By habit we perceive ourselves and the world around us as solid, real, and enduring. Yet without much effort, we can easily determine that not one aspect within the whole world's system exists independent of change. I had just been in one physical location, and now I was in another; I had experienced different states of mind. We have all grown from babies to adults, lost loved ones, watched children grow, known changes in weather, in political regimes, in styles of music and fashion, in everything. Despite appearances, no aspect of life ever stays the same. The deconstruction of any one object—no matter how dense it appears, such as an ocean liner, our bodies, a skyscraper, or an oak tree—will reveal the appearance of solidity to be as illusory as permanence. Everything that looks substantial will break down into molecules, and into atoms, and into electrons, protons, and neutrons. And every phenomenon exists in interdependence with myriad other forms. Every identification of any one form has meaning only in relationship to another. Big only has meaning in relation to small. To mistake our habitual misperceptions for the whole of reality is what we mean by ignorance, and these delusions define the world of confusion, or samsara.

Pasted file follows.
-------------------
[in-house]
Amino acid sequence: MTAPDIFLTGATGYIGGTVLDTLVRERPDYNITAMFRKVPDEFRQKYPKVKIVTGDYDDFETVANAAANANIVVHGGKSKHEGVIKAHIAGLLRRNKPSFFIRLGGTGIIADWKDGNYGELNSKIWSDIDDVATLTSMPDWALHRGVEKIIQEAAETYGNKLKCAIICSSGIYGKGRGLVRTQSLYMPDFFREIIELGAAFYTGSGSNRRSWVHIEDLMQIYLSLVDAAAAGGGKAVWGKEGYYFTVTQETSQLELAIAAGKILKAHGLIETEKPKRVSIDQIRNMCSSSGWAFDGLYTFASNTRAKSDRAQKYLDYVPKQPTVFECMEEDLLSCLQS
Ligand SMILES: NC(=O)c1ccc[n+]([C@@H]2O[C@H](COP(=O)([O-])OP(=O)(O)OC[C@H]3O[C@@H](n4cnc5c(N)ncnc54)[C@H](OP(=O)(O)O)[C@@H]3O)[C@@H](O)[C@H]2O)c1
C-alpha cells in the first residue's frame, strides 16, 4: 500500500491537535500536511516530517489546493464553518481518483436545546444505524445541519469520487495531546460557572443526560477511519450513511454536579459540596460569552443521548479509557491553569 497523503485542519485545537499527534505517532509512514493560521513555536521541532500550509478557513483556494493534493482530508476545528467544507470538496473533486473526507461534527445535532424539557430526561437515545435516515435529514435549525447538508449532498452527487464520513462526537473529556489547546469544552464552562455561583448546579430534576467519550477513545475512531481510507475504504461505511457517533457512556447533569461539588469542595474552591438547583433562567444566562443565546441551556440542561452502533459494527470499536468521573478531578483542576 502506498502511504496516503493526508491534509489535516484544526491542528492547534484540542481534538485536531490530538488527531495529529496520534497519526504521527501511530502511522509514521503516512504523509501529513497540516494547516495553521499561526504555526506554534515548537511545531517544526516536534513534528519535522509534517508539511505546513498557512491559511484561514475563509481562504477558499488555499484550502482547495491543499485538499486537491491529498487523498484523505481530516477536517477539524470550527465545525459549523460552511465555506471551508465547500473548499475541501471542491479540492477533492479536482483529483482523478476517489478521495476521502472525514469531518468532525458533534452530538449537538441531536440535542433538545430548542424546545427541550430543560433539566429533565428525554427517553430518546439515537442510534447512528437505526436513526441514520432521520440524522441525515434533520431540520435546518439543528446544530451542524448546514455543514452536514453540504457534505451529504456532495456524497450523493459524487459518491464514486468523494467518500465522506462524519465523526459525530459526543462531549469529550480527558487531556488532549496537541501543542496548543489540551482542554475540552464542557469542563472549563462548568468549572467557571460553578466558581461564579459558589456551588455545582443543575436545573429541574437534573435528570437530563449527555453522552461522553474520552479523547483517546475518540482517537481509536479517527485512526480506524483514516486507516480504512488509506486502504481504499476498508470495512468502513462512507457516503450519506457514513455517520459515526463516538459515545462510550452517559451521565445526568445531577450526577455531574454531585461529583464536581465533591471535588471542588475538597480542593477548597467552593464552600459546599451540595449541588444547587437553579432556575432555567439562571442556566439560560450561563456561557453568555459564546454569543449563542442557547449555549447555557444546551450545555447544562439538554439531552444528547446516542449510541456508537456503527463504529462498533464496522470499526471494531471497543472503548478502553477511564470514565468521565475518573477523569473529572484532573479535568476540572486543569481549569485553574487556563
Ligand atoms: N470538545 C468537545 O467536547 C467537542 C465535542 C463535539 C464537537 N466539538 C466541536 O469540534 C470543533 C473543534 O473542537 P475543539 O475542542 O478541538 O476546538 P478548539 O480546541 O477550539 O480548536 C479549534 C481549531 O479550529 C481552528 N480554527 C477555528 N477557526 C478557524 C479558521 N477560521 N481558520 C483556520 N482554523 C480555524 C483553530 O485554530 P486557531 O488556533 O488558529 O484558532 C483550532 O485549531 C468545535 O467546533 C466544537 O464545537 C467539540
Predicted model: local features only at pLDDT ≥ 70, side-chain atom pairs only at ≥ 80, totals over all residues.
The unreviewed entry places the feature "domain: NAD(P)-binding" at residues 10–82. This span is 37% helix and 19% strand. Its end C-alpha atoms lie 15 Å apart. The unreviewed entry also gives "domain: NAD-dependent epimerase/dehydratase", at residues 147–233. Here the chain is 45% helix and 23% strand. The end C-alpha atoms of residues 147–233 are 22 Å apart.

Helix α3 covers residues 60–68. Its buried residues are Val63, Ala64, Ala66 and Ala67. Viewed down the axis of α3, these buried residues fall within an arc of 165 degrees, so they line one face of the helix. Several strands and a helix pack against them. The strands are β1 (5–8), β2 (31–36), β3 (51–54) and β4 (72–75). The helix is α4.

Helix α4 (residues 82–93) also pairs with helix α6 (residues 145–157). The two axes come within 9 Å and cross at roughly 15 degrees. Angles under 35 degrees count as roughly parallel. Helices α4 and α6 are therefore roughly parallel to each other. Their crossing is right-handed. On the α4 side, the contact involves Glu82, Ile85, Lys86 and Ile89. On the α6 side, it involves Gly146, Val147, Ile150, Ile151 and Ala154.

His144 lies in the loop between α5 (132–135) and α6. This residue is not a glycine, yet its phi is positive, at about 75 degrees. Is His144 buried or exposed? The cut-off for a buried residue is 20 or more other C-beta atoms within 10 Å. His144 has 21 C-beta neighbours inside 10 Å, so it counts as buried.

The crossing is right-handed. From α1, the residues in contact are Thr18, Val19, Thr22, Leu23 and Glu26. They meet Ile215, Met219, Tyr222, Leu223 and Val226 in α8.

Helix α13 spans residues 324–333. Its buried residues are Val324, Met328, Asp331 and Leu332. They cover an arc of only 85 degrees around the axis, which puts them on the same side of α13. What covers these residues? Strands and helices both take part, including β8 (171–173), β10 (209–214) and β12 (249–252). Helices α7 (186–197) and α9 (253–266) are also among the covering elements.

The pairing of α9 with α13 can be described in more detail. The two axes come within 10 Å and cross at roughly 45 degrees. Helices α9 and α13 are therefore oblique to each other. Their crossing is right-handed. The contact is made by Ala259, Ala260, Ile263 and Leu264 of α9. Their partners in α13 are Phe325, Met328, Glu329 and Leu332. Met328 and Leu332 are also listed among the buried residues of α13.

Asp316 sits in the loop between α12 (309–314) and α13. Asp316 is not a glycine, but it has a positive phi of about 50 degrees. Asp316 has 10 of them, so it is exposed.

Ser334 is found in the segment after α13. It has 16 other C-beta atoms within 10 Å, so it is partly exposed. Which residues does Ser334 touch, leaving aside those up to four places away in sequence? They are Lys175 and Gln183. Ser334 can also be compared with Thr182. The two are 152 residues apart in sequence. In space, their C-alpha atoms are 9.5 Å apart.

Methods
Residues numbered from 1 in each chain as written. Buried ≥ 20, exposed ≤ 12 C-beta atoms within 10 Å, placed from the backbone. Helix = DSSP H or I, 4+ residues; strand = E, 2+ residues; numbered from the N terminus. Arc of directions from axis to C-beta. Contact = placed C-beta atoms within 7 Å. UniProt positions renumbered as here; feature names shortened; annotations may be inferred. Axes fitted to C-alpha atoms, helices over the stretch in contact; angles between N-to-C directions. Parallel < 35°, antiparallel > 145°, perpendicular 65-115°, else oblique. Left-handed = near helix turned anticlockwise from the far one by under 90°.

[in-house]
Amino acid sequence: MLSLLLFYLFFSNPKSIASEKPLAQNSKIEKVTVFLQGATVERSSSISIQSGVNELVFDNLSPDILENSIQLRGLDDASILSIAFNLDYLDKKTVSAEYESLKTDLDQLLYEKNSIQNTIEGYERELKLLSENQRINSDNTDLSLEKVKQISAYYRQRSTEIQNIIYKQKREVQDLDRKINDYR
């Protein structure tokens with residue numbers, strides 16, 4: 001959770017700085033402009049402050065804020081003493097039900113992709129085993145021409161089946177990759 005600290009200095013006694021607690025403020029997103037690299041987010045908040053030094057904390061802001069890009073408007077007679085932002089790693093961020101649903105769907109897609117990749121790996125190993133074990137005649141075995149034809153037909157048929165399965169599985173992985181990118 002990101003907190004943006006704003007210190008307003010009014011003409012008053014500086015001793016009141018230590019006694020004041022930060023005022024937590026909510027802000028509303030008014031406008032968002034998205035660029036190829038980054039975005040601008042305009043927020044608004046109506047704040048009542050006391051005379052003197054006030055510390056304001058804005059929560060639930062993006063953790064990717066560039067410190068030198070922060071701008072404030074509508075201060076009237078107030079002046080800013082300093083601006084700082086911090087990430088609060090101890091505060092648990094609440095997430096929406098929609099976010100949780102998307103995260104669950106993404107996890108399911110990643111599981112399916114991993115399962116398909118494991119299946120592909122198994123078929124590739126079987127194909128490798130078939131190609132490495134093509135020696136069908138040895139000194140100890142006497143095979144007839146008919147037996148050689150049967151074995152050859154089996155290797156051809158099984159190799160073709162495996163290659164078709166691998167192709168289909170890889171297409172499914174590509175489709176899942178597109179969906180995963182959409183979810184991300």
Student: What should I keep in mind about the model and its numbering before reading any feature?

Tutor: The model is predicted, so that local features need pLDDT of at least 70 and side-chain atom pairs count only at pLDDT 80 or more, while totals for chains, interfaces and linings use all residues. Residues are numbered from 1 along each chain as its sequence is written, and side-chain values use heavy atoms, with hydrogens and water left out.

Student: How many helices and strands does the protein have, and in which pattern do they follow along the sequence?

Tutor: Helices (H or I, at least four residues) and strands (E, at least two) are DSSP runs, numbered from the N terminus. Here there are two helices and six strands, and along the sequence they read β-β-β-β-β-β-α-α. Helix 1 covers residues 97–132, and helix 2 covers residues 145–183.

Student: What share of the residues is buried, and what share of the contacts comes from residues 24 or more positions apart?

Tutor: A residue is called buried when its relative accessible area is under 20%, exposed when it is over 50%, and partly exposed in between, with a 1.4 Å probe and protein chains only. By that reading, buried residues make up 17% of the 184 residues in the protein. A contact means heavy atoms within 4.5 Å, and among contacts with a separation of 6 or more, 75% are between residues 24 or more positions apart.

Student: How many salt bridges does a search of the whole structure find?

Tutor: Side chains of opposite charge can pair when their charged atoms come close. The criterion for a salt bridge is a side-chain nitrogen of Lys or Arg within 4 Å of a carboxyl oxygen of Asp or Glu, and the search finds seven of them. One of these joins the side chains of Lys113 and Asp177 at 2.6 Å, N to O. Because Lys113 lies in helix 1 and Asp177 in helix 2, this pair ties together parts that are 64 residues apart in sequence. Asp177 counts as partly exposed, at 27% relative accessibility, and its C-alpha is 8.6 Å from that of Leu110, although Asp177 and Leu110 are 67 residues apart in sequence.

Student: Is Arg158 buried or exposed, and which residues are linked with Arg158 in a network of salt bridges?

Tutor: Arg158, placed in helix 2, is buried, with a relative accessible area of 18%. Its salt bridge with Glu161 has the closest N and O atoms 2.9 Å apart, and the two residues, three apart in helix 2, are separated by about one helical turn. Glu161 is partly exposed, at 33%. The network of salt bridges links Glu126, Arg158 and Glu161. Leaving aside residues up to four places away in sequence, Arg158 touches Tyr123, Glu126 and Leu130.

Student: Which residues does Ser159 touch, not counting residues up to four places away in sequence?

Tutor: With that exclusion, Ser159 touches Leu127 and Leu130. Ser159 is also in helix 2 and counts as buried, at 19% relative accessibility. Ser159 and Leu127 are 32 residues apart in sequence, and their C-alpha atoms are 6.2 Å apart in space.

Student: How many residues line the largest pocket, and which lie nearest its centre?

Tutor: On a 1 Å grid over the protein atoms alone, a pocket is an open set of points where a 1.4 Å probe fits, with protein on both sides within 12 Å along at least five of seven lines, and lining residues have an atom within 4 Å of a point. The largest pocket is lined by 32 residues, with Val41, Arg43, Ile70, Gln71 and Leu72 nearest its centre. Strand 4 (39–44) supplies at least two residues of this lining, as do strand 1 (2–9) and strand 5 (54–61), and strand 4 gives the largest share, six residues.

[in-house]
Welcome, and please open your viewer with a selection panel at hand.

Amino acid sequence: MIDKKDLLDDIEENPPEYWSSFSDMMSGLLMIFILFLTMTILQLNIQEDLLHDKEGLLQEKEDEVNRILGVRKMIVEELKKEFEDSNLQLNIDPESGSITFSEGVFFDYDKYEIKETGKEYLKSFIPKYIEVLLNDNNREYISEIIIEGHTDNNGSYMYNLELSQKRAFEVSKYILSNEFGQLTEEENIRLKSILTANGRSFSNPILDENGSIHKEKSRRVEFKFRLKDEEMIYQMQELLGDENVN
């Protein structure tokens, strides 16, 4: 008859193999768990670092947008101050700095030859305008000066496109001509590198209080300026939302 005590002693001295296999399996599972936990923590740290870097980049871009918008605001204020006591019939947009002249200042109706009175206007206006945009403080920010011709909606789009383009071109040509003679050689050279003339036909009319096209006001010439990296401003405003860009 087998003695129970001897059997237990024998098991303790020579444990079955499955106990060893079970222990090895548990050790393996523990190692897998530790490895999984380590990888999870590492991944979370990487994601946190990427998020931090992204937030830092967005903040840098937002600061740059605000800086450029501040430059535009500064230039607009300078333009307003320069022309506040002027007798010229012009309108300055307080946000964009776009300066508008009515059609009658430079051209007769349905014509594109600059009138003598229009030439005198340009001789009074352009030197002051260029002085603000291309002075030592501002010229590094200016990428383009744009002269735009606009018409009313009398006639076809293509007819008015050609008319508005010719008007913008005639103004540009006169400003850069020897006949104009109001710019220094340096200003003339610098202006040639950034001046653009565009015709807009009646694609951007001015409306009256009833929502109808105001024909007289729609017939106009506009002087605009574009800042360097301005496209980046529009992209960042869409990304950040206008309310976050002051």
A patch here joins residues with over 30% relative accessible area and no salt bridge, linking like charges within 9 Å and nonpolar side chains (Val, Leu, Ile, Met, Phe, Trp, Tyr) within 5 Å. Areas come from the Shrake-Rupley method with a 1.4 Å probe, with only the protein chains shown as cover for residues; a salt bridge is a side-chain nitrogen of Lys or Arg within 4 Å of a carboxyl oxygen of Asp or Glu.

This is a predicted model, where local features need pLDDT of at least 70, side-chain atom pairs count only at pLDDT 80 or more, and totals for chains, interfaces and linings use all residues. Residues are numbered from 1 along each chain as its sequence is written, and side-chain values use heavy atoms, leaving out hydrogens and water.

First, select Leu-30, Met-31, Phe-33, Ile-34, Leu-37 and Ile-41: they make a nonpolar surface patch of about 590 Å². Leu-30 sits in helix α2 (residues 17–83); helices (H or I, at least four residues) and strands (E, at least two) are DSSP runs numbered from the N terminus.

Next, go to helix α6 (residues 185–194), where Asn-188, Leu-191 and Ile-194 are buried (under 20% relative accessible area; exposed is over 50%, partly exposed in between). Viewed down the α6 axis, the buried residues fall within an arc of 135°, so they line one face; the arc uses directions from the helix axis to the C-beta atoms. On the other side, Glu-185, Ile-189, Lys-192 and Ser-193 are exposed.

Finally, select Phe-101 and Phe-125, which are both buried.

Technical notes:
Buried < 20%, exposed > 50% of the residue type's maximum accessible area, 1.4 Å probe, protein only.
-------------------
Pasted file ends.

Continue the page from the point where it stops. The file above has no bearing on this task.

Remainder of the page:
Yongey Mingyur Rinpoche

from In Love with the World: A Monk's Journey Through the Bardos of Living and Dying